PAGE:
Published Jun 24. 2023 - 8 months ago
Updated or edited Jun 24. 2023

When AI invents flies

We challenged artificial intelligence to create a fly pattern. It went fairly well ... and then again … not quite well.

Martin's Silver Desire
AI's Silver Desire
Martin Joergensen
This article is an adapted version of my article published in Danish in the Federation of Fly Fishers Denmark's printed magazine Fluefisker.

We’re a small bunch of Danish fly tyers who collectively refer to ourselves as the Wednesday Tying Group, and yes, that covers exactly what you'd think: we tie flies on Wednesdays.

But we do it virtually, over Zoom. It started during the corona era, and a tradition was created to sit down and tie together with cameras and microphones open. We have continued that tradition, even now when physical meetings are possible again. In real life, it would actually be a bit difficult for us to meet, because we are spread all over the country, north, south, east and west, and most of us several hours apart.

But this is not about that group, other than that we naturally often have a computer nearby when we tie, and one evening, in the beginning of March 2023, the talk fell on artificial intelligence also known as AI.
There had been quite a bit in the news about the phenomenon, and I had already used it in connection with it in my professional work, so we decided to test the computer brain.

Could it make fly patterns?

ChatGPT makes a coastal fly

ChatGPT is one of those AI systems, and probably the one that's gotten the most attention, and I set it a simple task, which it answered in a matter of seconds:

Create a non-existent fly pattern for sea trout fishing in Denmark

Here is a pattern on a non-existent fly that you can try for sea trout fishing in Denmark:

Pattern: Silver Desire (In Danish: Sølvlyst)
Hook: #8-12
Hooktail: Grizzly hackle
Body: Silver tinsel
Rib: Black crystal flash
Wing: Red marabou feather, silver holographic flashabou and black tapered borehole foam
Head: Silver

The Silver Desire is a fly designed to imitate small herring fish, which are a favorite food for sea trout in Denmark. The fly is made with light reflective materials that are known to attract the fish with their shiny movement and colors.
Keep in mind that this is a non-existent fly, so it may not be effective at catching sea trout. But experimenting with different flies and techniques is part of the fun of fly fishing!

Yes, you hardly believe it if you haven't tried it, but that's exactly what the system wrote! Quite convincing, as you can see, and at first glance a perfectly good fly pattern that contains what is expected of such a thing. And even the name is new – and actually not bad at all.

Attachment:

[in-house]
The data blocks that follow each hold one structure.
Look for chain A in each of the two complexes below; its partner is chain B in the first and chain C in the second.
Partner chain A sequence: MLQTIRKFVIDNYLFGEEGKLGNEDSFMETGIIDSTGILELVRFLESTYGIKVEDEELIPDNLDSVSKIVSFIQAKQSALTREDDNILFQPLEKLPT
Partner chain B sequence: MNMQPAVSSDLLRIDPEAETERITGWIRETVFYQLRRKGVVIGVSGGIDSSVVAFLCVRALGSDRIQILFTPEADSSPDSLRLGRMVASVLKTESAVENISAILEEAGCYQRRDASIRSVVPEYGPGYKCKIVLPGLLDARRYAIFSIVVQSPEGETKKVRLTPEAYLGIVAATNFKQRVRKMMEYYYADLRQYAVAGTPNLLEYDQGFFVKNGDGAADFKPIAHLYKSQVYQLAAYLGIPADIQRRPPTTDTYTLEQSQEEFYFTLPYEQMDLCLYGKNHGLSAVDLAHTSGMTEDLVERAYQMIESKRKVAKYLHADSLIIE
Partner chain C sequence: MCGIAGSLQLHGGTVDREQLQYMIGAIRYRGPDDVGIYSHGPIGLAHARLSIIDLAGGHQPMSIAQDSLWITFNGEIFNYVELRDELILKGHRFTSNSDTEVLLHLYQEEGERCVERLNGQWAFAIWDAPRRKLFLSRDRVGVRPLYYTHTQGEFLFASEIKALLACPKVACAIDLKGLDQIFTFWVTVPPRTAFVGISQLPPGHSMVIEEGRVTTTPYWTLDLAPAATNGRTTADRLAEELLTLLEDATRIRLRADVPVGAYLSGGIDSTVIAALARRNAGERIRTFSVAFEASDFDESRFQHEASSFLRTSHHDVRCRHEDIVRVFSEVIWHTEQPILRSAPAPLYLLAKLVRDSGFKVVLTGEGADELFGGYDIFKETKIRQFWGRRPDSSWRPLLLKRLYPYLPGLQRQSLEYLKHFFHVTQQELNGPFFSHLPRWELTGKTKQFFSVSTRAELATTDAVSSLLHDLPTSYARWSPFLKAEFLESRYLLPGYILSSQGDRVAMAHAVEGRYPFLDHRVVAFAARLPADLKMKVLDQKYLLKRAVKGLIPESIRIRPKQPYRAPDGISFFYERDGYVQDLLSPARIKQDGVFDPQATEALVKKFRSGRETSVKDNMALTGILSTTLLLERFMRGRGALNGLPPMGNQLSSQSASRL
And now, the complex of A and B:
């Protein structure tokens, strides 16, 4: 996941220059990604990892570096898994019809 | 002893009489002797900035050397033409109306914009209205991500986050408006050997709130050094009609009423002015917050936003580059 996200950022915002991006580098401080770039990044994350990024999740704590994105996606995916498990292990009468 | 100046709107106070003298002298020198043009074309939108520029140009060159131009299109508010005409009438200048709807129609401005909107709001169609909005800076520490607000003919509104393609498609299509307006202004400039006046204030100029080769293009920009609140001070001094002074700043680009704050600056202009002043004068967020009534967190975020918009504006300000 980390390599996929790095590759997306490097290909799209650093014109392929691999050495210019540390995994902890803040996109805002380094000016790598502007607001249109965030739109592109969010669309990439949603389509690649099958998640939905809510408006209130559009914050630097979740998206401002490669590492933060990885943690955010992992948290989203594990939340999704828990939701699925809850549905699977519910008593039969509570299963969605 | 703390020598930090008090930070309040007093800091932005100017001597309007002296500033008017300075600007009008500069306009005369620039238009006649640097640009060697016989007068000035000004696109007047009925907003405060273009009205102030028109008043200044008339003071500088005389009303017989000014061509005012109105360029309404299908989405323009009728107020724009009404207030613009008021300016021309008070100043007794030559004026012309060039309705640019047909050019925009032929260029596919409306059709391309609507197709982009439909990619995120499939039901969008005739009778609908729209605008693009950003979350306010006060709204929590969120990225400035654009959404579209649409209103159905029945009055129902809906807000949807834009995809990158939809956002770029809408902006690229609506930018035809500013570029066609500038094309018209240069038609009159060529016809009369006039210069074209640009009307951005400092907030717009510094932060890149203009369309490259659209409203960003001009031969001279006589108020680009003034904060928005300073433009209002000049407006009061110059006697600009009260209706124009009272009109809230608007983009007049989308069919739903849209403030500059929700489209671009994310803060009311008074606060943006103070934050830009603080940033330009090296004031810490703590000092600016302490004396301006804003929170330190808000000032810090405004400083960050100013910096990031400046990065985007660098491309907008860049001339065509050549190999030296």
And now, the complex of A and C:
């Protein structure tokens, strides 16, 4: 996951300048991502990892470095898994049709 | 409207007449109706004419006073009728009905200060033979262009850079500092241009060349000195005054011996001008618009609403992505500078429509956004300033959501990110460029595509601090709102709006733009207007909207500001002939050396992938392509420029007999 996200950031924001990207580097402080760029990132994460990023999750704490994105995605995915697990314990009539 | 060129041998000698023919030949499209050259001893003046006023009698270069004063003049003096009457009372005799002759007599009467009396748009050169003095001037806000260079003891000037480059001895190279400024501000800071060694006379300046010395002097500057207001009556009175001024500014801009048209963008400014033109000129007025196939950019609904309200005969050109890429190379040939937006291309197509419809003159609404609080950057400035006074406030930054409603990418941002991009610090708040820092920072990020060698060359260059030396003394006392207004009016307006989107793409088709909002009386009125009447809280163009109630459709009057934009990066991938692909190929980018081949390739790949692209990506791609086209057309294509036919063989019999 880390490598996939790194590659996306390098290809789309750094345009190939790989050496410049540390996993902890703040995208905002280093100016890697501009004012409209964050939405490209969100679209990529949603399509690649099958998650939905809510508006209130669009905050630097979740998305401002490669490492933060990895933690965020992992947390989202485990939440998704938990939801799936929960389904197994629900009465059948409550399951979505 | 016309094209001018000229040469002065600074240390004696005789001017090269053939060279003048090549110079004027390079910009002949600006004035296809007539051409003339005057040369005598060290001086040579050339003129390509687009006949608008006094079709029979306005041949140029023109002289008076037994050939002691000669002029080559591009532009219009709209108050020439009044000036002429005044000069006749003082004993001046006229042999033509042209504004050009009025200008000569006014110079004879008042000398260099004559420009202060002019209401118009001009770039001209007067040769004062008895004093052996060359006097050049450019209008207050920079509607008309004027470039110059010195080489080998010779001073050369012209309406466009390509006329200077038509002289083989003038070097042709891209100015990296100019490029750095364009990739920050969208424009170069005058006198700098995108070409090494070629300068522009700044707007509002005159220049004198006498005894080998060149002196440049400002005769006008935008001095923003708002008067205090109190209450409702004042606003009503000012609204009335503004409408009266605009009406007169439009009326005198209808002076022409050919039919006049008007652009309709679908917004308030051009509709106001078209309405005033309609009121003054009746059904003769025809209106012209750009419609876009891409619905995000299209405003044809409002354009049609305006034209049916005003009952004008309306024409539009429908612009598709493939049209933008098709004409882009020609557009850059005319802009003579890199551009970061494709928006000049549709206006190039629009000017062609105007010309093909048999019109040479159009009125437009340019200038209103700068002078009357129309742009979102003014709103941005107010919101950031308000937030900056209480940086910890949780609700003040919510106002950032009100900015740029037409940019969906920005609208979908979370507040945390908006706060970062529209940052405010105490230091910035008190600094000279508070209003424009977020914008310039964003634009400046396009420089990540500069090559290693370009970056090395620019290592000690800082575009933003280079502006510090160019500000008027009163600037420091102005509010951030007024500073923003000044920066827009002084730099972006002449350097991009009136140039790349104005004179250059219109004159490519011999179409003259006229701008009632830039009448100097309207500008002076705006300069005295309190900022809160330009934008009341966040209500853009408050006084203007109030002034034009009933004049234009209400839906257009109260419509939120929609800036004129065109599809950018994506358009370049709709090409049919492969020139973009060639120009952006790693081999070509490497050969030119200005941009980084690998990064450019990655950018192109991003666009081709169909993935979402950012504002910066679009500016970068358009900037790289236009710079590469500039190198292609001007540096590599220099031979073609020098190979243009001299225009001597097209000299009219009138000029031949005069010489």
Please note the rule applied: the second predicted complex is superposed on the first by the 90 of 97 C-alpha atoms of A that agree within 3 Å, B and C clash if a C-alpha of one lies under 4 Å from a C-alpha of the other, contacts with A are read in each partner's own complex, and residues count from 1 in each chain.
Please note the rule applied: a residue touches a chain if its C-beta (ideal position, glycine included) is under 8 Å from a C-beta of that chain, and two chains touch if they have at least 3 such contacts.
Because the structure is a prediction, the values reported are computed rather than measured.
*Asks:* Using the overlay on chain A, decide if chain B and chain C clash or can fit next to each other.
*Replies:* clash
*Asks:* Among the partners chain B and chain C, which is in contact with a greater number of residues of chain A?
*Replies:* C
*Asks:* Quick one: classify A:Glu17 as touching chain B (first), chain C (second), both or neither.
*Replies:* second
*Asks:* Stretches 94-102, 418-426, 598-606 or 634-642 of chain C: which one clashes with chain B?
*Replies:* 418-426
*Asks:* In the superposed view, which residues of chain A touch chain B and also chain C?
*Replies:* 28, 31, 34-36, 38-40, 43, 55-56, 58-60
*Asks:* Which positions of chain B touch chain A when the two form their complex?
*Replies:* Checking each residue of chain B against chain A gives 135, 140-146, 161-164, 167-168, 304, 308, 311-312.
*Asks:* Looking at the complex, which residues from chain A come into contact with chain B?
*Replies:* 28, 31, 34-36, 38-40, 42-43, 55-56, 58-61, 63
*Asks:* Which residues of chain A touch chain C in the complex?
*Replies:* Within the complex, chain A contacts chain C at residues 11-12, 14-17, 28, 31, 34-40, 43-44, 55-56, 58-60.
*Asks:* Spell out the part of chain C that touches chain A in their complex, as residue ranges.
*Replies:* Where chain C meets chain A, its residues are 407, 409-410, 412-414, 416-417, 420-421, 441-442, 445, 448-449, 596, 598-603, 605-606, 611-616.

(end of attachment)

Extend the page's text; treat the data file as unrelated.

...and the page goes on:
It even wisely warns: “Keep in mind that this is a non-existent fly…”

Martin's Silver Desire
Peter's Silver Desire
Two interpretations, mine and Peter's
Martin Joergensen

We try to interpret

On closer inspection, there are some shortcomings and some nonsense in the text, for example there is no tying thread mentioned in the materials list, and the term hooktail and the materials Black crystal flash and black conical borehole foam are a bit strange. As a fly tyer, you probably have some idea about what is meant, but still it's a bit unconventional.
A hooktail is probably just a tail, black Krystal Flash actually exists as a product, and conical borehole foam could well be a conical foam head or cylindrical foam. The bore probably comes from the way it can be made, but is not a normal term for a fly material.
But let's interpret a little, and gently adjust the pattern:

Pattern: Silver Desire
Hook: #4-#8 (I prefer slightly larger hooks than #8-#12 for sea trout)
Head: Silver colored bead head and black foam cylinder (I'm thinking a foam cylinder or conical foam head pushed up behind a bead head = weight and volume).
Tying thread: black 8/0
Tail: A bundle of grizzly hackle fibers (It could also be a wrapped hackle or a grizzly chickabou tail)
Rib: Black Crystal Flash
Body: Silver tinsel
Wing: Red marabou feather, silver holographic Flashabou (I'm thinking red underwing, a little flash on top)

So we have grizzly, silver, red, black. We have weight and volume.
Not bad at all!

That fly can be tied, and a couple of us have tried doing that. The results can be seen in the pictures above.
Peter V. Jensen from the Danish island Funen took up the challenge, and both he and I have interpreted and tied the Silver Desire as it was outlined by the machine.
As you can see they have come out completely different, which isn't a great surprise when all we have is a fairly confusing materials list and no image or finished fly to use as a model.

Now with rubber legs

Now, rubber legs are all the rage right now here in Denmark, and everyone knows that a coastal fly without rubber legs is a surefire looser, so I asked the robot to add rubber legs:

Can you add rubber legs to the Silver Desire pattern and give me the pattern?

Yes, I can give you a version of the Silver Desire pattern with rubber legs. Here is a possible recipe:

Pattern: Silver Desire with rubber legs
Hook: size 8-12, 2x long, light or medium weight
Thread: Black or brown, 6/0 or 8/0
Tail: Black or brown marabou